In our 2012 paper, Nancy Birdsall and I suggested that (primarily) rich countries that have been the source of the largest share of historical emissions should have an obligation to provide funding for poor countries most vulnerable to climate impacts. This principle is reflected in the discussion of “loss and damage” in the negotiations. Unfortunately, the loss and damage debate is among the most contentious issues in the negotiations.
The second principle we suggested was that countries vulnerable to climate impacts should be guaranteed an allocation of adaptation finance based on the extent of their physical vulnerability and their economic and institutional vulnerability. A number of vulnerability indices provide an assessment of physical vulnerability, including an index developed by CGD’s David Wheeler. For economic and institutional vulnerability we proposed income per capita as the indicator. So far only the Green Climate Fund and the Adaptation Fund earmark funding specifically for adaptation.
Managing Adaptation Finance in Weak States
Our third principle was that vulnerable countries and people should receive their adaptation finance allocation regardless of their past performance in managing development projects and regardless of their fiduciary competence. This may sound counterintuitive. Although adaptation investments will look a lot like development investments, adaptation finance is not development assistance, which is a form of charity. Nevertheless, since most adaptation funding comes from development assistance budgets, funders — polluting countries — follow aid practices and prefer to allocate their funds where they are expected to be most effectively implemented. However, the countries with the weakest institutions and the most dubious governance ratings are often the most vulnerable to climate change. In principle their citizens ought to have access to support because of their vulnerability, independent of their government’s capability to manage support.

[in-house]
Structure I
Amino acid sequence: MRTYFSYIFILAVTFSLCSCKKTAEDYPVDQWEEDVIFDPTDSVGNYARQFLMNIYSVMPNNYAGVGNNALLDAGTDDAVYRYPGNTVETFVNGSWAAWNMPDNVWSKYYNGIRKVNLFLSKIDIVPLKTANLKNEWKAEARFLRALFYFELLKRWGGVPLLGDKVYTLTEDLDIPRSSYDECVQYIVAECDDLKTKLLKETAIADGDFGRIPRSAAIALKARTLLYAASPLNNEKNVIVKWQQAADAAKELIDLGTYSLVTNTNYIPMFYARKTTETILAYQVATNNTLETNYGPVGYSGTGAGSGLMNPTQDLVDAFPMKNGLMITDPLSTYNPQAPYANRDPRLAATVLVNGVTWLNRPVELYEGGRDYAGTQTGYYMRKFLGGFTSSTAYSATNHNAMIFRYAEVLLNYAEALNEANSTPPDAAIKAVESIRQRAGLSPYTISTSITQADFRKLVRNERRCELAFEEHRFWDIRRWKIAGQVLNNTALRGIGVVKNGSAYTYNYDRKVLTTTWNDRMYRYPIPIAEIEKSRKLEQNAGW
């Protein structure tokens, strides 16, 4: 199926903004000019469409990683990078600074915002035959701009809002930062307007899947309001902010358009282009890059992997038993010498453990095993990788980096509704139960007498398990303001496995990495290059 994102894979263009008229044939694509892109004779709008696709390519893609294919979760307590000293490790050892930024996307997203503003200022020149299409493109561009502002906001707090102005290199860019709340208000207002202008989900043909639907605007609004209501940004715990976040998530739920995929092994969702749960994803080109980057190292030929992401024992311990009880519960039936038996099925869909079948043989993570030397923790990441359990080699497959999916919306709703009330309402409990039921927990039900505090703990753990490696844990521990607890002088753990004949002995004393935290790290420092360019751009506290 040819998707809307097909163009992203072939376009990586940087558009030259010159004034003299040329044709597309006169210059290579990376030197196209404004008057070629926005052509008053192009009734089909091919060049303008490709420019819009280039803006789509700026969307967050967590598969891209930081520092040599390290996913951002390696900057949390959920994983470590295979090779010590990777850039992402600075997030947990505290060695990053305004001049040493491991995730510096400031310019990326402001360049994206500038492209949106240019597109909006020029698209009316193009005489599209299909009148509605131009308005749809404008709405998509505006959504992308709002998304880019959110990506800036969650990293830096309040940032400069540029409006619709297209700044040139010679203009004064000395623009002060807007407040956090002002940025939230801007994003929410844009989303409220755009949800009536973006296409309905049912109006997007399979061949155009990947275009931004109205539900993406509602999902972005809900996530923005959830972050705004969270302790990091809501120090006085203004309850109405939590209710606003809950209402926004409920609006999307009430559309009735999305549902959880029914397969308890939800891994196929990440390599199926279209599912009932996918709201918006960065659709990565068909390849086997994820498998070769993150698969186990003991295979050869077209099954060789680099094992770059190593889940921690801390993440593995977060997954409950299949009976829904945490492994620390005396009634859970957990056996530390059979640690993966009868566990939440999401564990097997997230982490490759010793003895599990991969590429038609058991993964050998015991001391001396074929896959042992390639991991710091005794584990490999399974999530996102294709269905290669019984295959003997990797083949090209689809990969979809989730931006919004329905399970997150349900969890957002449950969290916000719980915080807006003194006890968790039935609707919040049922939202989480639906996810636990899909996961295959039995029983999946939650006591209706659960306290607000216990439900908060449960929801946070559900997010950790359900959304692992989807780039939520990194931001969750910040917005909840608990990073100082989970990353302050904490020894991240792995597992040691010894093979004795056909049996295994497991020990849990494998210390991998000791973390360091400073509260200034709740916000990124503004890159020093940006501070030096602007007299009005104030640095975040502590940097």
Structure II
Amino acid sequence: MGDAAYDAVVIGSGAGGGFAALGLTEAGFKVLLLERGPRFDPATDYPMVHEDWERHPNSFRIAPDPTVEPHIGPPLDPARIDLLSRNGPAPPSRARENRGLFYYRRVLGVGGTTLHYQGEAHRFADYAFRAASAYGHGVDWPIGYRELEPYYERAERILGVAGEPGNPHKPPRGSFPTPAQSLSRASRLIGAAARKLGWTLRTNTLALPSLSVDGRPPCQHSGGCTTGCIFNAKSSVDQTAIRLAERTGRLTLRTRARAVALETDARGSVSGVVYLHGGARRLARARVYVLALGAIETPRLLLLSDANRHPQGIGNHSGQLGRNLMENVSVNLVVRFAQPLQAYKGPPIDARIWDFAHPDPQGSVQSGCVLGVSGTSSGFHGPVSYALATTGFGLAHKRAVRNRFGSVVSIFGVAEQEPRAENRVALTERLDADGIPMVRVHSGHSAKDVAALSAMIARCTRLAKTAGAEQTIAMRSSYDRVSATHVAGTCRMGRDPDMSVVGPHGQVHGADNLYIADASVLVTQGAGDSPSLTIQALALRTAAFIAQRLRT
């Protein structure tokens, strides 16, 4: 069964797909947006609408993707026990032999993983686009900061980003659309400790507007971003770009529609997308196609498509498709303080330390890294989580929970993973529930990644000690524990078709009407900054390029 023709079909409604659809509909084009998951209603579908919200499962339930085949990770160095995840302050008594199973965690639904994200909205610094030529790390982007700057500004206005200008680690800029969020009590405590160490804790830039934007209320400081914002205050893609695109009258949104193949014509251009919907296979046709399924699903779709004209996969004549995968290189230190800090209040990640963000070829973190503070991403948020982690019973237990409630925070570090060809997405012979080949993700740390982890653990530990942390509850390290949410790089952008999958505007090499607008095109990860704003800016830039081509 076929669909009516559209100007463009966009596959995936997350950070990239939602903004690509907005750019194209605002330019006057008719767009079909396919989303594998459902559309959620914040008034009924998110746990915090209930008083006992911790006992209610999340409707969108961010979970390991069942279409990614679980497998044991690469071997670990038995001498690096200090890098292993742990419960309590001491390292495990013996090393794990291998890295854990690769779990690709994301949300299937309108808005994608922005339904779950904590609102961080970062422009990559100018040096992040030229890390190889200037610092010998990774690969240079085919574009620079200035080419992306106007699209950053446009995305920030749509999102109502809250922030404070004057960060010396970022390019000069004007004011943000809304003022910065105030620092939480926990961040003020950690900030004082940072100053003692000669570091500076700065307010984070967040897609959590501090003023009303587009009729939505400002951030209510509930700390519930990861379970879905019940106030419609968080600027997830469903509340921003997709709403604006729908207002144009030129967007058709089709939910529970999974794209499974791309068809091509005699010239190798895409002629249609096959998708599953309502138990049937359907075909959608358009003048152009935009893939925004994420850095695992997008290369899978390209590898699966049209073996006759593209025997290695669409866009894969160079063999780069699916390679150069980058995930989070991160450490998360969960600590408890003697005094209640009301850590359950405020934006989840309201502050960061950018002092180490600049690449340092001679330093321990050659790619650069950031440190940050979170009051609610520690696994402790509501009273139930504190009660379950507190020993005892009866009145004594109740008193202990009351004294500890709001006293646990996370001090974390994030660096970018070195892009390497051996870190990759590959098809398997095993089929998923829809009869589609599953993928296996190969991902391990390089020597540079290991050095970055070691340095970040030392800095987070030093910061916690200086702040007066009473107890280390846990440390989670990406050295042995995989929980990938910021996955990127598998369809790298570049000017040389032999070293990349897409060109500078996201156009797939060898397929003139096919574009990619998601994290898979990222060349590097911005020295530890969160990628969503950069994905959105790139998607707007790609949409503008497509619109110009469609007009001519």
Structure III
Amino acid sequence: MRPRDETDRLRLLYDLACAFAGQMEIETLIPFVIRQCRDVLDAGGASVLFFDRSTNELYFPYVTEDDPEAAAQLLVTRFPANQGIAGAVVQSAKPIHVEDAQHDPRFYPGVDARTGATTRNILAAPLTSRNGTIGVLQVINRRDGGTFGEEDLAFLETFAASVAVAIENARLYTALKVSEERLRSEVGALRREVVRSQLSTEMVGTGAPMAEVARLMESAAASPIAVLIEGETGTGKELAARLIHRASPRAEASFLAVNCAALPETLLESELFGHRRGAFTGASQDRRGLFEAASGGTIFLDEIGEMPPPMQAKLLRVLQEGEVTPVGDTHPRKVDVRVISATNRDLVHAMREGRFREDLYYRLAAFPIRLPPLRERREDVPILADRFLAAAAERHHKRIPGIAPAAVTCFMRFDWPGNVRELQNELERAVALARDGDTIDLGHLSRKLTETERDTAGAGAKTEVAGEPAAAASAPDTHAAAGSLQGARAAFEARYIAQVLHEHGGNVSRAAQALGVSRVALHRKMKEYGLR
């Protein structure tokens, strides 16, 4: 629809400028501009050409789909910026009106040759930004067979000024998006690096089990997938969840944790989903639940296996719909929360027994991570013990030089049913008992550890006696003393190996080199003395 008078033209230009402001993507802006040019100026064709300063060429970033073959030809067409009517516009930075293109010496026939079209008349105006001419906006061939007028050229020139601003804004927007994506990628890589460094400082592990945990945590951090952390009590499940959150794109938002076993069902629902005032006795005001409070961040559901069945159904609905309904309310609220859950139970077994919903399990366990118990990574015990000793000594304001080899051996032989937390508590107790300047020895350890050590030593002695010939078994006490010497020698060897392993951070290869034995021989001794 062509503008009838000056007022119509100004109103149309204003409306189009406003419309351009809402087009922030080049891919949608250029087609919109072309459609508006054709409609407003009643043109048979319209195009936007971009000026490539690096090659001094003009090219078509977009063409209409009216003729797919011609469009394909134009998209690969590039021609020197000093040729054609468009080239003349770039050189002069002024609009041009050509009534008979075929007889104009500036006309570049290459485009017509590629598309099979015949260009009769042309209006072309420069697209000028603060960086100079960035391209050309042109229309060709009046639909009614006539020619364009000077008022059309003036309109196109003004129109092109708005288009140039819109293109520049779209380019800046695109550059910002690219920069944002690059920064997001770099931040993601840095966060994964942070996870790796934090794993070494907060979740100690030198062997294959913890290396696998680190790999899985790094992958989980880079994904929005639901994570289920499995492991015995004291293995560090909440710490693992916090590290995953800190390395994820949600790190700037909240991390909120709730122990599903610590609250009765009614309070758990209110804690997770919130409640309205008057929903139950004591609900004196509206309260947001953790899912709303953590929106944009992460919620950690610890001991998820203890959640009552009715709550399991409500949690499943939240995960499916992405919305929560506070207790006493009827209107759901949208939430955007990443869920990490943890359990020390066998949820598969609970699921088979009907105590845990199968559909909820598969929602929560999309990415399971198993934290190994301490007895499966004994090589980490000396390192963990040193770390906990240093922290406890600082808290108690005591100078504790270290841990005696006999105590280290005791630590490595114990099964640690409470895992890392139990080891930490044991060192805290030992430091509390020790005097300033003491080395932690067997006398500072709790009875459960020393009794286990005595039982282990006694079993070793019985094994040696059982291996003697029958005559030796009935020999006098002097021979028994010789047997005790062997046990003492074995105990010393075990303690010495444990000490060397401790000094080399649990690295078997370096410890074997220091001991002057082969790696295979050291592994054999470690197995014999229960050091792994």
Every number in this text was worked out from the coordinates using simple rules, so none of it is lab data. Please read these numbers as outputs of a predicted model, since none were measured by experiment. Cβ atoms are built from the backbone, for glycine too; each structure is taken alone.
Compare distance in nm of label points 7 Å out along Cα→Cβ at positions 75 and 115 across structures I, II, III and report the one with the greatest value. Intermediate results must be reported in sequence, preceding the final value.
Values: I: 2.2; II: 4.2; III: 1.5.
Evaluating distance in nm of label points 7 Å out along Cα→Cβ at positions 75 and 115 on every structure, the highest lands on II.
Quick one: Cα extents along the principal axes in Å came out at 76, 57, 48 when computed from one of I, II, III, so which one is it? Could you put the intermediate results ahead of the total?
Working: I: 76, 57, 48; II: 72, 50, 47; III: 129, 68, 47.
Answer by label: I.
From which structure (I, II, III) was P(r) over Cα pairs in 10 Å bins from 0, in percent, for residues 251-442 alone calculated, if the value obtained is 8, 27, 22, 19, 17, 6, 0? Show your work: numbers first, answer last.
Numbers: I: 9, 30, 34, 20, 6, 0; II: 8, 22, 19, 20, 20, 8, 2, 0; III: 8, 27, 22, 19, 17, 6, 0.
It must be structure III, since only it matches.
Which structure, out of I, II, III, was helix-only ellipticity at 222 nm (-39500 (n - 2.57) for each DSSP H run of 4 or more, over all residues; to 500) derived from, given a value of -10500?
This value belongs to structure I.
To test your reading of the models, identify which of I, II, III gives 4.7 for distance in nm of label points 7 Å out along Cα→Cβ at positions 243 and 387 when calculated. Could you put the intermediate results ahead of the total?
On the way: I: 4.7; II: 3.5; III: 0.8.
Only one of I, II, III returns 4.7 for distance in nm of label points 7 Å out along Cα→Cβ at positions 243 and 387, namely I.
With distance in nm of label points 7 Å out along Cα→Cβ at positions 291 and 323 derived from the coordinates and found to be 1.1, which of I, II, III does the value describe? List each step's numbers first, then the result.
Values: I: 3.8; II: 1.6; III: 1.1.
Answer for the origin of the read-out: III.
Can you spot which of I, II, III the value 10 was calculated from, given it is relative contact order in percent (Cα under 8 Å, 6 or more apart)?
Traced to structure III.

How should this quandary be managed? Countries that need adaptation transfers most are often least able to manage them. In our 2012 paper we proposed that governments with inadequate fiduciary capabilities should have the option to choose a third party to manage adaptation funds and to implement adaptation investments. The third party could be a national NGO such as the ones that are accredited for “direct access” by the Green Climate Fund. Or the country could choose an international NGO, a consulting firm, a multilateral development bank, a bilateral donor, a local or external policy research institute, or any other third party that had been accredited via the GCF, the UNFCCC or some other agreed accreditor.
A simpler and possibly more equitable and efficient solution would be to provide simple cash transfers directly to people in vulnerable countries with weak governments. This is now being done in several low-income countries through mobile phones. In Niger, for example, households in targeted villages received monthly cash transfers as part of a social protection program in response to a devastating drought. Cash transfer programs could also make use of biometric identification, as Pakistan did after severe floods.
Whatever the transfer mechanism is, it will be important for negotiators to ensure that adequate adaptation finance can be raised (for new ideas on how to raise adaptation finance, see a recent proposal by Lucas Chancel and Thomas Piketty), that poor countries hard-hit by climate change receive the support they need and that it actually reaches the vulnerable people that need it most, even in weak or poorly governed countries.